The quiet month of Kartika climaxes on the Deepavali night in the festival of lamps. It is the last day of the dark fortnight. This festival of lights is observed widely all over the country. In the evening all the homes are decorated and lighted with rows of earthen lamps. Varieties of crackers are also burst. Cakes and delicious dishes are prepared in every household. In all, the festival is celebrated with fire-works, illumination, feasting and gambling. The festival is also known as Kalipuja, as the Goddess is propitiated on this day. Huge images of the terrific Goddess are built and worshipped. This tradition has come to Odisha in imitation from Bengal.
Some people, especially the business community observe it as a New Year’s day and worship Goddess Lakshmi on the occasion. On this day they settle their business accounts, bury old enimity and start pursuits anew for the coming new year. Worshipping Lakshmi on the day specified for Kali is also significant. In some Puranas it has been stated that Lakshmi, the Goddess of wealth was a captive in the nether world. On this day she was freed by Vishnu form the clutches of Bali. Therefore, the festival is celebrated in Her honor. Another account is available which says that this day is the reminiscence of the festival that was held by the rejoicing people of Ayodhya to celebrate the coronation of Sri Ram. Therefore, the festival is marked with mirth and merriment.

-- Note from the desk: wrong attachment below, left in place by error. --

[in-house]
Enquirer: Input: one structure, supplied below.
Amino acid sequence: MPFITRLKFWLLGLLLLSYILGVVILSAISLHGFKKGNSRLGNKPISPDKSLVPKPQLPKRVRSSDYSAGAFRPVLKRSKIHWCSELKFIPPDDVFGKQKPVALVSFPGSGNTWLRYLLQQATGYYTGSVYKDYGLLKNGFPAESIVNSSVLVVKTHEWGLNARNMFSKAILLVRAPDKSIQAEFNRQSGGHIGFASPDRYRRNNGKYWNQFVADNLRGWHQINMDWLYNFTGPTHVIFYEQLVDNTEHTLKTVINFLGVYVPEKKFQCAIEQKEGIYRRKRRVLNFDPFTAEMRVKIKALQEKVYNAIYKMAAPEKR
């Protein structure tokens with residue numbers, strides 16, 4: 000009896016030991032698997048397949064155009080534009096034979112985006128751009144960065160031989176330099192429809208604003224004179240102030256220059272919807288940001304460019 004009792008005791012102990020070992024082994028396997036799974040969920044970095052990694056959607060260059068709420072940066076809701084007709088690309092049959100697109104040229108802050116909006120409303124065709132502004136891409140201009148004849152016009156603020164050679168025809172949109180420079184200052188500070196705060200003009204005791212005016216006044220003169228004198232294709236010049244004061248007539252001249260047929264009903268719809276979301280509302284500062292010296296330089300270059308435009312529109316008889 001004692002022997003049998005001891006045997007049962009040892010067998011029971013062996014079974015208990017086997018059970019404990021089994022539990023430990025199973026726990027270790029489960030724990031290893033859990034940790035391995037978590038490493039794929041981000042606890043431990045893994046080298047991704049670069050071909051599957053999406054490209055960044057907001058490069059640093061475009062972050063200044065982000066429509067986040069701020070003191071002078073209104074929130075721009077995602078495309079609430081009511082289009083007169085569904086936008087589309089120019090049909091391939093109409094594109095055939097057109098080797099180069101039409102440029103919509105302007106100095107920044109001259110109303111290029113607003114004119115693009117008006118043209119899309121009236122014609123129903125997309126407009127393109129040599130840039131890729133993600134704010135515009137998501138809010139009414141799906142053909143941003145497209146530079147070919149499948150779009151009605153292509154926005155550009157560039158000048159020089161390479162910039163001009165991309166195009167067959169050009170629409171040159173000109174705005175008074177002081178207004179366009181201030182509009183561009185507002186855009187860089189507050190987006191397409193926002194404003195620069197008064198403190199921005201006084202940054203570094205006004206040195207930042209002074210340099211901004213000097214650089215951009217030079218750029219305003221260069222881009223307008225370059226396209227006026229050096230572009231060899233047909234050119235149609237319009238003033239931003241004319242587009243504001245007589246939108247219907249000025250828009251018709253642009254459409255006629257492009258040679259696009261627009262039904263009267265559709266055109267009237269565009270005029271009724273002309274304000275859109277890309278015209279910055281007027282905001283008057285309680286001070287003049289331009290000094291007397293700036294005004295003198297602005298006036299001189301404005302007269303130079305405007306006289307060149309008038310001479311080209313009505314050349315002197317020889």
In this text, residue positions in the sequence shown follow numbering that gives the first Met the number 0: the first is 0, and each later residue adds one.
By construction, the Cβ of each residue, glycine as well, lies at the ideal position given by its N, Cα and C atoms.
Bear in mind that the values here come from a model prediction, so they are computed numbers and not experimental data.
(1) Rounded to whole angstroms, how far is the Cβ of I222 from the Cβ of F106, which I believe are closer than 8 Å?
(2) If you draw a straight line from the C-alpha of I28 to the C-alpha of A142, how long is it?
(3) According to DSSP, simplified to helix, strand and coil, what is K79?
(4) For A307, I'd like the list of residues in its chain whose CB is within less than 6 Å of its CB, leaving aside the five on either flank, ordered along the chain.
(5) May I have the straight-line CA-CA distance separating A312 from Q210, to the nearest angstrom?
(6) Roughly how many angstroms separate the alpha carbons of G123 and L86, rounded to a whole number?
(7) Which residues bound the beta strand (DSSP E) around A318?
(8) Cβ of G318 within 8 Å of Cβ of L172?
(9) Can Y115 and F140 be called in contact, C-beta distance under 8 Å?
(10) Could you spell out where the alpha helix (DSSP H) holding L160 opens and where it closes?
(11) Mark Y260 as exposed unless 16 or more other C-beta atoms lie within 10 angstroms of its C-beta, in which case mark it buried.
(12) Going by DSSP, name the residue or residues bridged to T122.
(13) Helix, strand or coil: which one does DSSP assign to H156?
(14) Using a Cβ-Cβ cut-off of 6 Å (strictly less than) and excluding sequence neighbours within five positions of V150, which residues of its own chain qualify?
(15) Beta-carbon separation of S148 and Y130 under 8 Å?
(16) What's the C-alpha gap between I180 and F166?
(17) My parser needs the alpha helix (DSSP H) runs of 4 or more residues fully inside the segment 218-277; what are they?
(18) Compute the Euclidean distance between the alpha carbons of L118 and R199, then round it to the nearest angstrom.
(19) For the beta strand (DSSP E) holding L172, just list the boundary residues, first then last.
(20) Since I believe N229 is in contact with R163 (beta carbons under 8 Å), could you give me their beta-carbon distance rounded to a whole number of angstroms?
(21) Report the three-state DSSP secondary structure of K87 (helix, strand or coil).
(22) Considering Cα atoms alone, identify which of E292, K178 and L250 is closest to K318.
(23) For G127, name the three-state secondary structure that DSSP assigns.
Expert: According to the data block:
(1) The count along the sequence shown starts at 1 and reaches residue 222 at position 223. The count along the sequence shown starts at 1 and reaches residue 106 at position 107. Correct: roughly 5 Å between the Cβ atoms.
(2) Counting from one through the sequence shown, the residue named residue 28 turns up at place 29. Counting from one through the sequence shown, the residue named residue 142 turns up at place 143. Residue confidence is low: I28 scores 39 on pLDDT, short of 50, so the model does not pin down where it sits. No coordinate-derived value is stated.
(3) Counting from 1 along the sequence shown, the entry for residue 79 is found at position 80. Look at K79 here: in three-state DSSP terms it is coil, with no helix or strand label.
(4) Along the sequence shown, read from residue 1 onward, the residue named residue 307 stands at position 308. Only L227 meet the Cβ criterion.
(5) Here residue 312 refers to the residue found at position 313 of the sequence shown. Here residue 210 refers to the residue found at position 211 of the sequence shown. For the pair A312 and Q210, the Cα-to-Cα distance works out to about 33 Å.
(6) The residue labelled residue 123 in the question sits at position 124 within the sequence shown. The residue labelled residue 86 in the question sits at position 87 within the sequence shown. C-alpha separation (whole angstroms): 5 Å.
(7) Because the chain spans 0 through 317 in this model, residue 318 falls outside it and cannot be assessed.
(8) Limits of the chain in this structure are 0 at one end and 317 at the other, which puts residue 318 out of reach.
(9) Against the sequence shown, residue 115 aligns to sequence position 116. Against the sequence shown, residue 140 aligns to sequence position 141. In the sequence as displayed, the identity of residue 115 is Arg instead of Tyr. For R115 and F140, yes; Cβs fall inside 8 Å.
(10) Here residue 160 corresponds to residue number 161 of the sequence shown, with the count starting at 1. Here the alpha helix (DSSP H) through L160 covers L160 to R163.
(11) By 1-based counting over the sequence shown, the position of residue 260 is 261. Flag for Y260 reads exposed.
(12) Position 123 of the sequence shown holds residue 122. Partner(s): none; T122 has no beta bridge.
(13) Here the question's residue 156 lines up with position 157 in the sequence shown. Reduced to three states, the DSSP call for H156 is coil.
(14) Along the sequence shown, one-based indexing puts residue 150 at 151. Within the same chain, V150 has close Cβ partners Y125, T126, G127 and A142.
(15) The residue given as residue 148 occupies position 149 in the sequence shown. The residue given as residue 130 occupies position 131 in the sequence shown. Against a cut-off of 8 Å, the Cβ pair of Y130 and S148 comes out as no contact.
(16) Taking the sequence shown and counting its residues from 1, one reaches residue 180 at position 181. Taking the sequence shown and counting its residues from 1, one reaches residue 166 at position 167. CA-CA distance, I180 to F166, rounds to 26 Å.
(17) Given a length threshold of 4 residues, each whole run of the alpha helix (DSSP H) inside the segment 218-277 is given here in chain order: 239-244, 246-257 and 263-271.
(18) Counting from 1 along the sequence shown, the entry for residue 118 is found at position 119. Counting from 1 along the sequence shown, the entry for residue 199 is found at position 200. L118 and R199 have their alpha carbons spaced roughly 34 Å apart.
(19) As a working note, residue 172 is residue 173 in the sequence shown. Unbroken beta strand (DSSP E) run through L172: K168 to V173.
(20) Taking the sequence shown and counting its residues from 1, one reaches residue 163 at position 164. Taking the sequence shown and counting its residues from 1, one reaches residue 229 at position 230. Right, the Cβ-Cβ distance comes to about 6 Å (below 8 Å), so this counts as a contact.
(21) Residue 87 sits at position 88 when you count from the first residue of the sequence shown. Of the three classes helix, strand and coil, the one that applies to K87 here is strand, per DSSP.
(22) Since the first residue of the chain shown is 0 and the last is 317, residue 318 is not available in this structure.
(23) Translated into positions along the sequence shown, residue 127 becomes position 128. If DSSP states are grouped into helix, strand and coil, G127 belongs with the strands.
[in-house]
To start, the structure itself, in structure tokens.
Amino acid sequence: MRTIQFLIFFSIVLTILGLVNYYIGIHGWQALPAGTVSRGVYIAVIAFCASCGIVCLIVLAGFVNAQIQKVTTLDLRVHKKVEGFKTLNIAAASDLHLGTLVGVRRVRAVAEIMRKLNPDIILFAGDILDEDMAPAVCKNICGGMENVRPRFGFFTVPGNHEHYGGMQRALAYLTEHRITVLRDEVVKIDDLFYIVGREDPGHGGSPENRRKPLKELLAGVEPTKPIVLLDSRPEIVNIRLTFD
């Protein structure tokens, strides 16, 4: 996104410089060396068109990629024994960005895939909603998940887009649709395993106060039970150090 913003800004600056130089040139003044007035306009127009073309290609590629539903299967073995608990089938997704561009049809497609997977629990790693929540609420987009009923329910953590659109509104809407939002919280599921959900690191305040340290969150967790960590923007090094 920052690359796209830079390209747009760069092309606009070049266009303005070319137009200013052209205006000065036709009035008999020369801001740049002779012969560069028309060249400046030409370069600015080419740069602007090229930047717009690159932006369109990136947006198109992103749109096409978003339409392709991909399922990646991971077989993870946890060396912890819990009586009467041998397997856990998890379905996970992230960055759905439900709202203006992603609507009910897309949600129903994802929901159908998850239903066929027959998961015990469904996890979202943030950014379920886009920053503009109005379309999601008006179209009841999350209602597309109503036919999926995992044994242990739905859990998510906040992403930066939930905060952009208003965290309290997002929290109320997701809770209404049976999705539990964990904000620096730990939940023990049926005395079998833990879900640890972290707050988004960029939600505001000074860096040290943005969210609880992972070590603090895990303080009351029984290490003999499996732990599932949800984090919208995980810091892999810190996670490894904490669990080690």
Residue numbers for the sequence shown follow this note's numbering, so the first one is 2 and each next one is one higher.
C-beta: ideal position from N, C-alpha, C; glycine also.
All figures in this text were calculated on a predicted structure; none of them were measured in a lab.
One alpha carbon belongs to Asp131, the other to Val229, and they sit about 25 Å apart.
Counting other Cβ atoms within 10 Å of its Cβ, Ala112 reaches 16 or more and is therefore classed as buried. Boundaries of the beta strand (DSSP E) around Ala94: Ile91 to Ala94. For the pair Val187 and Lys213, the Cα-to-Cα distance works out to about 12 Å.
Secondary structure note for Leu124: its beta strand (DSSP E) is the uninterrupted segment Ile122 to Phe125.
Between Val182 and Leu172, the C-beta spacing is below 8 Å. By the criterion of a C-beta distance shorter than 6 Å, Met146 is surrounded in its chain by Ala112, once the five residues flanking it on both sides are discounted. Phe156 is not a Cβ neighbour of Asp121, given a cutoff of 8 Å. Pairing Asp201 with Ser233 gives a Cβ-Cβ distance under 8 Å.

Peculiarly this festival is celebrated differently by the low-caste Hindus in the district of Mayurbhanj. They call it ‘Bandana’. The festival is observed for three days beginning from Deepavali. On this occasion they worship the cows and bullocks. On the first clay the cattle are cleanly bathed in rivers or ponds. Then at home, their horns are oiled, their feet are washed with water mixed with turmeric and marks of vermillion paste are put on the forehead. In the afternoon sturdy young bullocks decorated with patches of colours all over the body and are tethered to poles with a strong rope. A group of people singing, dancing and playing drums (Madal) followed by an enthusiastic crowd approach the bullocks one by one. One of them holds tiger-skin and frightens the bullock. When the bullock gets terrified and charges violently, he gets away to the back or side foiling all attempts made by the bullock. Thus they make all the bullocks dance one by one tethered from one end to another in the village street. The nights are spent with drinking, feasting, singing and dancing. This reminds us of the bull-fight that takes place at Madrid in Spain. Peculiarly enough in Nepal the fourth day after Deepavali is observed as Bullock’s Day in which they are fed with fodders soaked with wine. They also oil their horns and put vermillion marks on tileir fore-heads. Their bodies are also richly decorated.